Auto Service Professional

JUN 2018

Magazine for the auto service professional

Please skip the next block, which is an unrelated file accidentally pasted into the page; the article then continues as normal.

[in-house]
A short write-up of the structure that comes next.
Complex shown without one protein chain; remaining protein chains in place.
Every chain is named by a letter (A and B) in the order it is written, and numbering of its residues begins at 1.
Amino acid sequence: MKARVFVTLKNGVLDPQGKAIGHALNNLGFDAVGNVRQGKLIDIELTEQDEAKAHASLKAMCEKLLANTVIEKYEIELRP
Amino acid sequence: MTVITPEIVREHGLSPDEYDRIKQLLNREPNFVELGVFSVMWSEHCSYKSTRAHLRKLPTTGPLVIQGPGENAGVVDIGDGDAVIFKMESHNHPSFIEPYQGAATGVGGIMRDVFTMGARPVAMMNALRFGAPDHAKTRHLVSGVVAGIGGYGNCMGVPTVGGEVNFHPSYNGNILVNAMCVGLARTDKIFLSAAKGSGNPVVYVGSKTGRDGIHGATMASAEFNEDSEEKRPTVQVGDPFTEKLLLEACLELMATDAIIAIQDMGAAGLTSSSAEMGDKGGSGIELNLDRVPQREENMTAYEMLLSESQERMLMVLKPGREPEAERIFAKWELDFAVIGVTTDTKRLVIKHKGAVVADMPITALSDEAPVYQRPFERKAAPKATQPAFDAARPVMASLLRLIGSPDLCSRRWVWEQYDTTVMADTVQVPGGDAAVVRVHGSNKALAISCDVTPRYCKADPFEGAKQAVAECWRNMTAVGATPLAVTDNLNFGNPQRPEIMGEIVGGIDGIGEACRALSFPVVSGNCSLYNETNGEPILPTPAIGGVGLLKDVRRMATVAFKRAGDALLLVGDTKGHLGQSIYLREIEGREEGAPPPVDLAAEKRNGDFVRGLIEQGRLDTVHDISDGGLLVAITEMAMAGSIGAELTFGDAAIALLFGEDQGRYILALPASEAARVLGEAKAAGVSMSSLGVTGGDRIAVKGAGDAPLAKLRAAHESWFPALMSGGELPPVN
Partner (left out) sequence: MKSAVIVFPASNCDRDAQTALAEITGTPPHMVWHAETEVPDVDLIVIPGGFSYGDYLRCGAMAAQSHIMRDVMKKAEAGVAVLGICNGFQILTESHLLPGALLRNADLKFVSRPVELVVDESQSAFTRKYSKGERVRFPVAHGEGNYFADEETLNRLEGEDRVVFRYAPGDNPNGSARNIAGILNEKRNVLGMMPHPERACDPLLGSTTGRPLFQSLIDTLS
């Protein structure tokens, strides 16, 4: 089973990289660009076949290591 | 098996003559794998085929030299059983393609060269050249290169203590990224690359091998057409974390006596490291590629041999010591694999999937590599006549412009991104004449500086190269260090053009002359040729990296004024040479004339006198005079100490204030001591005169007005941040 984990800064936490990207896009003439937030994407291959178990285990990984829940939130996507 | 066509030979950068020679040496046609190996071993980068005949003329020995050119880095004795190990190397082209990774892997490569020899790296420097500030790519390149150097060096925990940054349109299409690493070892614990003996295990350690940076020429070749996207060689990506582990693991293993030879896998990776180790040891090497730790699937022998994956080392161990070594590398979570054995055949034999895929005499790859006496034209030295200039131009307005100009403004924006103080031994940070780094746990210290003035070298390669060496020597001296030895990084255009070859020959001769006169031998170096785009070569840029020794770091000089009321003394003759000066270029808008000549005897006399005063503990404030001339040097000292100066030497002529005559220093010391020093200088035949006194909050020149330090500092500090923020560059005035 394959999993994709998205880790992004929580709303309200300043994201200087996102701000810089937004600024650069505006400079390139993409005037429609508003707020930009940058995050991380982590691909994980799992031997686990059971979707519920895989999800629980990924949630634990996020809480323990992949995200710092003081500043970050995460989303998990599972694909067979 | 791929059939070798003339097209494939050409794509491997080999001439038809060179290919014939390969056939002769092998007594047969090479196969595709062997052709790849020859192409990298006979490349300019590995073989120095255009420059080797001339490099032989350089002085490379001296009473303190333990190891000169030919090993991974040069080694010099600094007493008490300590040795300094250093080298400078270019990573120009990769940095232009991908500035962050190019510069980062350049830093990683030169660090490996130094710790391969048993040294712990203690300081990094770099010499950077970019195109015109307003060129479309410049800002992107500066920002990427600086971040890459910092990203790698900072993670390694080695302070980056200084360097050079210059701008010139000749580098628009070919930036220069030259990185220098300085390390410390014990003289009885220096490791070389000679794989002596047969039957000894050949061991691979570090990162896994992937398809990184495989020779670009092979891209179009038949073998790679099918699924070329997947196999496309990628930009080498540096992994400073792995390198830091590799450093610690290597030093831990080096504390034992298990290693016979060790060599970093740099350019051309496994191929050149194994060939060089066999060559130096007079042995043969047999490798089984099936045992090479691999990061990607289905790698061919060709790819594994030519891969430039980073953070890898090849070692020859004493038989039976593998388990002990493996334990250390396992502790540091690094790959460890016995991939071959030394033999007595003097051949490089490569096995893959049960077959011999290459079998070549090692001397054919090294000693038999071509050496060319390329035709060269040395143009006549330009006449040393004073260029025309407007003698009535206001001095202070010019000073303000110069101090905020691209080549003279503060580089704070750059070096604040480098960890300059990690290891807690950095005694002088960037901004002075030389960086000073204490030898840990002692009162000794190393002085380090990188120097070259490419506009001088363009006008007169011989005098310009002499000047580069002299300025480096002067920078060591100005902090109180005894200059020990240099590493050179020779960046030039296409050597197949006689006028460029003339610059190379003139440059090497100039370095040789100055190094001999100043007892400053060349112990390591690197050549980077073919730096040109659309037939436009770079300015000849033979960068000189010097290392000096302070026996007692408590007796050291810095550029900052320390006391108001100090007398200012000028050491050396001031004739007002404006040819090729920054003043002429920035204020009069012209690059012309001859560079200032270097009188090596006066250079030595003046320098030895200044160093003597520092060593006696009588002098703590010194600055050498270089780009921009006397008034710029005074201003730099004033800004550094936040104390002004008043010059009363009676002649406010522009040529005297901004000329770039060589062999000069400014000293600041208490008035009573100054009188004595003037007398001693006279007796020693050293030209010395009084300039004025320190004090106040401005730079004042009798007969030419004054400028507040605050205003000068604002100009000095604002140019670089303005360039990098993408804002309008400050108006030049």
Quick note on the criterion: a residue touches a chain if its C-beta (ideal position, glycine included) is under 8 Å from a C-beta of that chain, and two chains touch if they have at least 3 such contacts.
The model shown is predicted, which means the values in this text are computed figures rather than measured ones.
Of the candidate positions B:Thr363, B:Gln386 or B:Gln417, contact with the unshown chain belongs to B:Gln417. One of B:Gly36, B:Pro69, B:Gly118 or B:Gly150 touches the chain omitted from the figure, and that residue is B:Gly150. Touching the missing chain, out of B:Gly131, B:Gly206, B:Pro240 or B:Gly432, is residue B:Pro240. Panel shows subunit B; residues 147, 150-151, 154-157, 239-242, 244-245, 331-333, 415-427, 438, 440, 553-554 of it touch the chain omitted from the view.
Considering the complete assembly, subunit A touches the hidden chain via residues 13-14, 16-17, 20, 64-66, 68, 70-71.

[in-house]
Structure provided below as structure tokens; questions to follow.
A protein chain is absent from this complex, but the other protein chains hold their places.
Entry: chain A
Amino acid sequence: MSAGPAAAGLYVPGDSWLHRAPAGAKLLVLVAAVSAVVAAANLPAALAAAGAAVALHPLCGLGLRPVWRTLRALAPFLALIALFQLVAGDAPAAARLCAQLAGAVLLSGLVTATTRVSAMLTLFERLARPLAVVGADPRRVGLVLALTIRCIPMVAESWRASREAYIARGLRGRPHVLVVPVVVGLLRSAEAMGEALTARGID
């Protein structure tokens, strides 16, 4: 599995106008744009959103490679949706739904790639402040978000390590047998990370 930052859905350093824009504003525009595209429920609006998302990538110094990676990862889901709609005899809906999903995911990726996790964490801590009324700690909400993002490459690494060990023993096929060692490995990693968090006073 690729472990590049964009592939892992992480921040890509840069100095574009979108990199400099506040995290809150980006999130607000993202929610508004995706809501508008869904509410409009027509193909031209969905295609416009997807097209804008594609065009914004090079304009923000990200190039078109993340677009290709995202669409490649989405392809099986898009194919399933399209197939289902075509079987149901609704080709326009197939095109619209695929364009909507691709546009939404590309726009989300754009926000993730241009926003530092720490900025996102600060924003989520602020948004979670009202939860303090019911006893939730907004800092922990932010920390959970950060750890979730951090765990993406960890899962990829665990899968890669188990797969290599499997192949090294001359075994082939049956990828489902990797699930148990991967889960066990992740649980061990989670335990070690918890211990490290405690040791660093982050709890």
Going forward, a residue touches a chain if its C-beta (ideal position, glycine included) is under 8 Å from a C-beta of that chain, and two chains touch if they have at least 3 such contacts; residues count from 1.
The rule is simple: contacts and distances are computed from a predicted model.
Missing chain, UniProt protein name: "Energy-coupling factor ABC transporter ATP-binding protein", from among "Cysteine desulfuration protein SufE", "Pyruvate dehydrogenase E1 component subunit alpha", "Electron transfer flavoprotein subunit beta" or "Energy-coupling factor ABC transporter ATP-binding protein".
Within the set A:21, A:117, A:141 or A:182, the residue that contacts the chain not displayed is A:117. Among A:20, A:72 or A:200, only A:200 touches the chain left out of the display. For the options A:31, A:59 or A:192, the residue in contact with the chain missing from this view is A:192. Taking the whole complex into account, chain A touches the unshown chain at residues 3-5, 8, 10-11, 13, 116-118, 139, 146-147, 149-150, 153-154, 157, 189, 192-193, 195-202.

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J u n e 2 018 A SP 61 working with a fully charged battery before and during a flashing or programming event or the OCS setup will ensure a proper repair. oroughly reading and understanding the SRS failure code is important. Honda issued a service bulletin that points out that a problem in the front passenger's side airbag inflator or the drivers side airbag inflator isn't the airbag assembly in the dash or the steering wheel, as many techs assumed. Carefully reading the SRS code they can easily miss the word SIDE in the code or component description and in the case of a Honda, that means the side airbag assem- blies in the seats. Ensuring that all the connector position assurance (CPA) retainer locks are installed is critical or the shorting bars could still be en- gaged, possibly setting a code that wasn't there before. Little CPA's are commonly used on the driver's airbag and they can easily be dam- aged, dropped or misplaced during a non-SRS service, such as an ignition switch, turn signal switch or steering column service. e result is an SRS light on and a low resistance code that wasn't there before the repair, even though the connector is properly attached. Another common SRS system issue involves no module communication or code display, but an illuminated SRS light. is issue can be the result of the wrong parts being installed, un- programmed modules, unseen wiring damage or by components that aren't set up correctly. But this can also be caused by a reset/refur- bished SRS module. Remembering that they are single-use is important, as is asking about the vehicle history or previous repairs, which may save time in an SRS diagnostic. ere are some safe shortcuts that can be used to successfully diagnose some SRS faults. Yes, a scanner is likely going to be required for diagnostics and repairs, but it may not have to be a factory tool. And with the proper tech- niques, the correct equipment, full vehicle history, up-to-date service information and a working knowledge of the system, an SRS issue should be no more difficult to diagnose than many of today's modern engine controls. ■ S R S D i a g n o s t i c s Jeff Taylor boasts a 33-year career in the automotive industry with Eccles Auto Service in Dundas, Ontario, as a fully licensed professional lead technician. While continuing to be "on the bench" every day, Jeff is also heavily involved in government focus groups, serves as an accomplished technical writer and has competed in international diagnostic competitions as well as providing his expertise as an automotive technical instructor for a major aftermarket parts retailer. Many SRS connectors feature a built- in shorting bar. The arrow indicates the shorting bar in the connector. On this Honda seat belt, the common failure is in the 3-wire connector that contains the seat belt switch. It's worth noting the wire colors are different on the seat belt side, the test instructions are for the wire colors on the harness side. C O N T I N U E D F RO M PA G E 5 7

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